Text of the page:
"Then it is very precious," said the Tin Woodman.
"Indeed it is," agreed the Scarecrow. "It may prove our best means of escap_rom our difficulties. I believe I will think for a few minutes; so I wil_hank you, friend Tip, to get out your knife and rip this heavy crown from m_orehead."
Tip soon cut the stitches that had fastened the crown to the Scarecrow's head, and the former monarch of the Emerald City removed it with a sigh of relie_nd hung it on a peg beside the throne.
"That is my last memento of royalty" said he; "and I'm glad to get rid of it.
The former King of this City, who was named Pastoria, lost the crown to th_onderful Wizard, who passed it on to me. Now the girl Jinjur claims it, and _incerely hope it will not give her a headache."
"A kindly thought, which I greatly admire," said the Tin Woodman, noddin_pprovingly.
"And now I will indulge in a quiet think," continued the Scarecrow, lying bac_n the throne.
The others remained as silent and still as possible, so as not to disturb him; for all had great confidence in the extraordinary brains of the Scarecrow.
And, after what seemed a very long time indeed to the anxious watchers, th_hinker sat up, looked upon his friends with his most whimsical expression, and said:
"My brains work beautifully today. I'm quite proud of them. Now, listen! If w_ttempt to escape through the doors of the palace we shall surely be captured.
And, as we can't escape through the ground, there is only one other thing t_e done. We must escape through the air!"
He paused to note the effect of these words; but all his hearers seeme_uzzled and unconvinced.
"The Wonderful Wizard escaped in a balloon," he continued. "We don't know ho_o make a balloon, of course; but any sort of thing that can fly through th_ir can carry us easily. So I suggest that my friend the Tin Woodman, who is _killful mechanic, shall build some sort of a machine, with good strong wings, to carry us; and our friend Tip can then bring the Thing to life with hi_agical powder."
"Bravo!" cried Nick Chopper.
"What splendid brains!" murmured Jack.
"Really quite clever!" said the Educated Woggle-Bug.
"I believe it can be done," declared Tip; "that is, if the Tin Woodman i_qual to making the Thing."
"I'll do my best," said Nick, cheerily; "and, as a matter of fact, I do no_ften fail in what I attempt. But the Thing will have to be built on the roo_f the palace, so it can rise comfortably into the air."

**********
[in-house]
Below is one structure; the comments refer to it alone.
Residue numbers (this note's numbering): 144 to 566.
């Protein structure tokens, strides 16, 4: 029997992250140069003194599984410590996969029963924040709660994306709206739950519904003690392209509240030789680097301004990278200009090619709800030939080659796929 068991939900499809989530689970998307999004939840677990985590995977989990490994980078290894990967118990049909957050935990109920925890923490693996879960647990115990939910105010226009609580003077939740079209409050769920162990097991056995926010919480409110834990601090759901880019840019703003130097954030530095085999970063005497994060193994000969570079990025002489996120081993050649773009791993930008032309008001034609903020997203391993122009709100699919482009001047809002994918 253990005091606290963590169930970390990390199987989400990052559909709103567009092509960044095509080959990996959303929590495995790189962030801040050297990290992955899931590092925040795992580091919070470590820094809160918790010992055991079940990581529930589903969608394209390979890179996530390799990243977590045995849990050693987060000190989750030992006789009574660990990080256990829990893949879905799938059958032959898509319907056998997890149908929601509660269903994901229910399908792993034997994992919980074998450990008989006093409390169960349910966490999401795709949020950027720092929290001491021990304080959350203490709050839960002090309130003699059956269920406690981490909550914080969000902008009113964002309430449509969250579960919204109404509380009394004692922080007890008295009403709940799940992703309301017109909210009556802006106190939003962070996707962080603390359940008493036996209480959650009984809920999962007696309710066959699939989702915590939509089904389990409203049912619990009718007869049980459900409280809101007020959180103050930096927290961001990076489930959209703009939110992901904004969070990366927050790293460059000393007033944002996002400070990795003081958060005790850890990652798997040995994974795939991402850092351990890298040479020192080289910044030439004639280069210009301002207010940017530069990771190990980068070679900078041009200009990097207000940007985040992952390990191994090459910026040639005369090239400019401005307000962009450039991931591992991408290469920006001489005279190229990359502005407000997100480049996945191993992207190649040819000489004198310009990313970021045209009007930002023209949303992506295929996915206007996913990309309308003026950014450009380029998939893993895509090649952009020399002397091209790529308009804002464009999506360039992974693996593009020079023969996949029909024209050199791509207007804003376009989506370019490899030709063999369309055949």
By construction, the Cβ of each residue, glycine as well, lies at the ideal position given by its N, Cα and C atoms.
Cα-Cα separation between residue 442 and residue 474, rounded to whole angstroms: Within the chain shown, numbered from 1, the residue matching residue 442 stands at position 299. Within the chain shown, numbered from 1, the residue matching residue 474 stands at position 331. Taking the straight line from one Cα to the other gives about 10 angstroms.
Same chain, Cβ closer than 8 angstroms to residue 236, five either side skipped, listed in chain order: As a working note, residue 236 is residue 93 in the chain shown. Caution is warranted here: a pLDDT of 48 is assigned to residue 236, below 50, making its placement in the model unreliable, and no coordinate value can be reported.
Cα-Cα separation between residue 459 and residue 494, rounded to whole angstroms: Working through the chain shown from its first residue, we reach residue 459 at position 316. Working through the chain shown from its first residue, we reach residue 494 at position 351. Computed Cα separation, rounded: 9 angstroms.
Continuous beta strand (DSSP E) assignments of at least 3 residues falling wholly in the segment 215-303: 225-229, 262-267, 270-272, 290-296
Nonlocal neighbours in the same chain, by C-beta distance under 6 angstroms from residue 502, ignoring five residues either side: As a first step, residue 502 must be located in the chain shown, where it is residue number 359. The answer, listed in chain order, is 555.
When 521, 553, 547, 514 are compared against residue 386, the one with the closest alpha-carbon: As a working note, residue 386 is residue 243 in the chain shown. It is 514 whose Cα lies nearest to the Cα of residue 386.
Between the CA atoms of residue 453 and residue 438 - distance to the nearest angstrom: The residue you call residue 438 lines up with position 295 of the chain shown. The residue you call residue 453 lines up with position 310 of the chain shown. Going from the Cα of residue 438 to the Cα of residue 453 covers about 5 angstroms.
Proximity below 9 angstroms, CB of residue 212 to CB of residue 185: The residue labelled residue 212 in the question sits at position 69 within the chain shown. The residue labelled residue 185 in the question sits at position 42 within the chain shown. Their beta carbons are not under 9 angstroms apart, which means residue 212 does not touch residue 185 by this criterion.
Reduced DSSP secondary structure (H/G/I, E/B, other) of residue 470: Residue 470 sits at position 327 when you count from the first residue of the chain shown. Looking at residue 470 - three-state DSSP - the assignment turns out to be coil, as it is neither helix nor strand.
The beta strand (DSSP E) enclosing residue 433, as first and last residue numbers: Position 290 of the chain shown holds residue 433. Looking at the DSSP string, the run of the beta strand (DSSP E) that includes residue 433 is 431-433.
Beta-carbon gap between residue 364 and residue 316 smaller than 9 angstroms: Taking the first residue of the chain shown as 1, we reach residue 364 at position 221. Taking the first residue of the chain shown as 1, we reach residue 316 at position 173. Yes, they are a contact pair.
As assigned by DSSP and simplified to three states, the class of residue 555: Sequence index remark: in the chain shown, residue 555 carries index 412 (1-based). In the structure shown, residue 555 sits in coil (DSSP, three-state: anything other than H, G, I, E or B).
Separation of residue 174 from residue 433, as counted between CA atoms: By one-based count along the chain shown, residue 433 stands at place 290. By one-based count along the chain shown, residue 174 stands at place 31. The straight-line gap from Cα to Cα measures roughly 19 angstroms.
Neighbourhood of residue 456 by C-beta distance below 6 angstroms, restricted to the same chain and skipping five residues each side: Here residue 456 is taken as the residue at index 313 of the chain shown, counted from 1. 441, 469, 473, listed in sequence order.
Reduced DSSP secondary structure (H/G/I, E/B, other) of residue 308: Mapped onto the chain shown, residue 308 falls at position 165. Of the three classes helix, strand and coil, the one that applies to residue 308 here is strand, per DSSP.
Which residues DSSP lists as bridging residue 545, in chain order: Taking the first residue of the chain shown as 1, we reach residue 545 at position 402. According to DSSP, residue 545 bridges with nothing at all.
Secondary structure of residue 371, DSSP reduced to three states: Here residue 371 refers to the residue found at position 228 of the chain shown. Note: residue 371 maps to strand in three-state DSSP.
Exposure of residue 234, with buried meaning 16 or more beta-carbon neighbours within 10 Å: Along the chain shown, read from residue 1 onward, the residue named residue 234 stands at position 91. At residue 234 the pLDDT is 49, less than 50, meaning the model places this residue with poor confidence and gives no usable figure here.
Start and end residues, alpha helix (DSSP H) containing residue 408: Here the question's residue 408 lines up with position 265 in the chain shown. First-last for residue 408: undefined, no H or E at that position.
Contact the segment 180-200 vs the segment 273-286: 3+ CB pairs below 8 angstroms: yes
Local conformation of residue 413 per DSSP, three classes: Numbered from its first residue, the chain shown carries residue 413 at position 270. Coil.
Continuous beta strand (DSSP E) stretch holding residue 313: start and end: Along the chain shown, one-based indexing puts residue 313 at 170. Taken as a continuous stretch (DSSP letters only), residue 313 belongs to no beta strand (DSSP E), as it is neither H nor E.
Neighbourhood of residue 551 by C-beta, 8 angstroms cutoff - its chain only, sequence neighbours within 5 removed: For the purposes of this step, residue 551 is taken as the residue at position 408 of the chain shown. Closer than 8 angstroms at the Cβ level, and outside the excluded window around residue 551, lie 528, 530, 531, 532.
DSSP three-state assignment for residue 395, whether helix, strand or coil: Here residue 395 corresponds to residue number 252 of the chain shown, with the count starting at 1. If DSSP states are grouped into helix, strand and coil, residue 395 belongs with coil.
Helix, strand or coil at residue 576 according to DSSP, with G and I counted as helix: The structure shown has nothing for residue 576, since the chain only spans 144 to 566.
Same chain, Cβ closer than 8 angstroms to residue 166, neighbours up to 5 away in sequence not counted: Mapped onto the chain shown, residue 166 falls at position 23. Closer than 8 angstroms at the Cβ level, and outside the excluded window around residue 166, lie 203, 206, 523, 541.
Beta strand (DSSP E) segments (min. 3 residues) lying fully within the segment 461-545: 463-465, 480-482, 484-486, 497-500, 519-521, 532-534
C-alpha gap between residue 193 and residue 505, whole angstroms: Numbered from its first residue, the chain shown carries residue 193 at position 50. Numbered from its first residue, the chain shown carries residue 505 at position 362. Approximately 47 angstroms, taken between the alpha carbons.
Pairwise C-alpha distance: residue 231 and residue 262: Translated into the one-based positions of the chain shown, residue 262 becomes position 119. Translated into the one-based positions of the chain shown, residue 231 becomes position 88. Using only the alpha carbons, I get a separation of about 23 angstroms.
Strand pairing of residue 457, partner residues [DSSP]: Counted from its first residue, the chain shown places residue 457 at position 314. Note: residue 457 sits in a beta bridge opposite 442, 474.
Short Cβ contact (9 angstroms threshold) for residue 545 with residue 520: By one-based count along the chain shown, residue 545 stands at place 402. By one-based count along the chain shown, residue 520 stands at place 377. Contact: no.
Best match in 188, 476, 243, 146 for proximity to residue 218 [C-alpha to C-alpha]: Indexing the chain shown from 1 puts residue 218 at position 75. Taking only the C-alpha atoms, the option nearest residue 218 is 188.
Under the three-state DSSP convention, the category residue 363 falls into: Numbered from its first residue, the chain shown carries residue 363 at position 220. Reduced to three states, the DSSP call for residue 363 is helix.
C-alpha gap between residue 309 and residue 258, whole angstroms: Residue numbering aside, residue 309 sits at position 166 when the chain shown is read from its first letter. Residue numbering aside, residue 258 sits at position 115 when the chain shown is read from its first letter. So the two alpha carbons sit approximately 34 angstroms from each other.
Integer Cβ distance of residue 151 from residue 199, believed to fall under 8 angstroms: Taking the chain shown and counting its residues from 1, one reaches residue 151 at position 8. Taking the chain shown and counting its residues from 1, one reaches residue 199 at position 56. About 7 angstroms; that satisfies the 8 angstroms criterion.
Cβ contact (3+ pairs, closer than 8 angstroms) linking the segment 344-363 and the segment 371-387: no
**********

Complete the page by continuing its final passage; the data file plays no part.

"To be sure," said the Scarecrow.
"Then let us search through the palace," continued the Tin Woodman, "and carr_ll the material we can find to the roof, where I will begin my work."
"First, however," said the Pumpkinhead, "I beg you will release me from thi_orse, and make me another leg to walk with. For in my present condition I a_f no use to myself or to anyone else."
So the Tin Woodman knocked a mahogany center-table to pieces with his axe an_itted one of the legs, which was beautifully carved, on to the body of Jac_umpkinhead, who was very proud of the acquisition.
"It seems strange," said he, as he watched the Tin Woodman work, "that my lef_eg should be the most elegant and substantial part of me."
"That proves you are unusual," returned the Scarecrow. "and I am convince_hat the only people worthy of consideration in this world are the unusua_nes. For the common folks are like the leaves of a tree, and live and di_nnoticed."
"Spoken like a philosopher!" cried the Woggle-Bug, as he assisted the Ti_oodman to set Jack upon his feet.
"How do you feel now?" asked Tip, watching the Pumpkinhead stump around to tr_is new leg.
"As good as new" answered Jack, joyfully, "and quite ready to assist you al_o escape."
"Then let us get to work," said the Scarecrow, in a business-like tone.
So, glad to be doing anything that might lead to the end of their captivity, the friends separated to wander over the palace in search of fitting materia_o use in the construction of their aerial machine.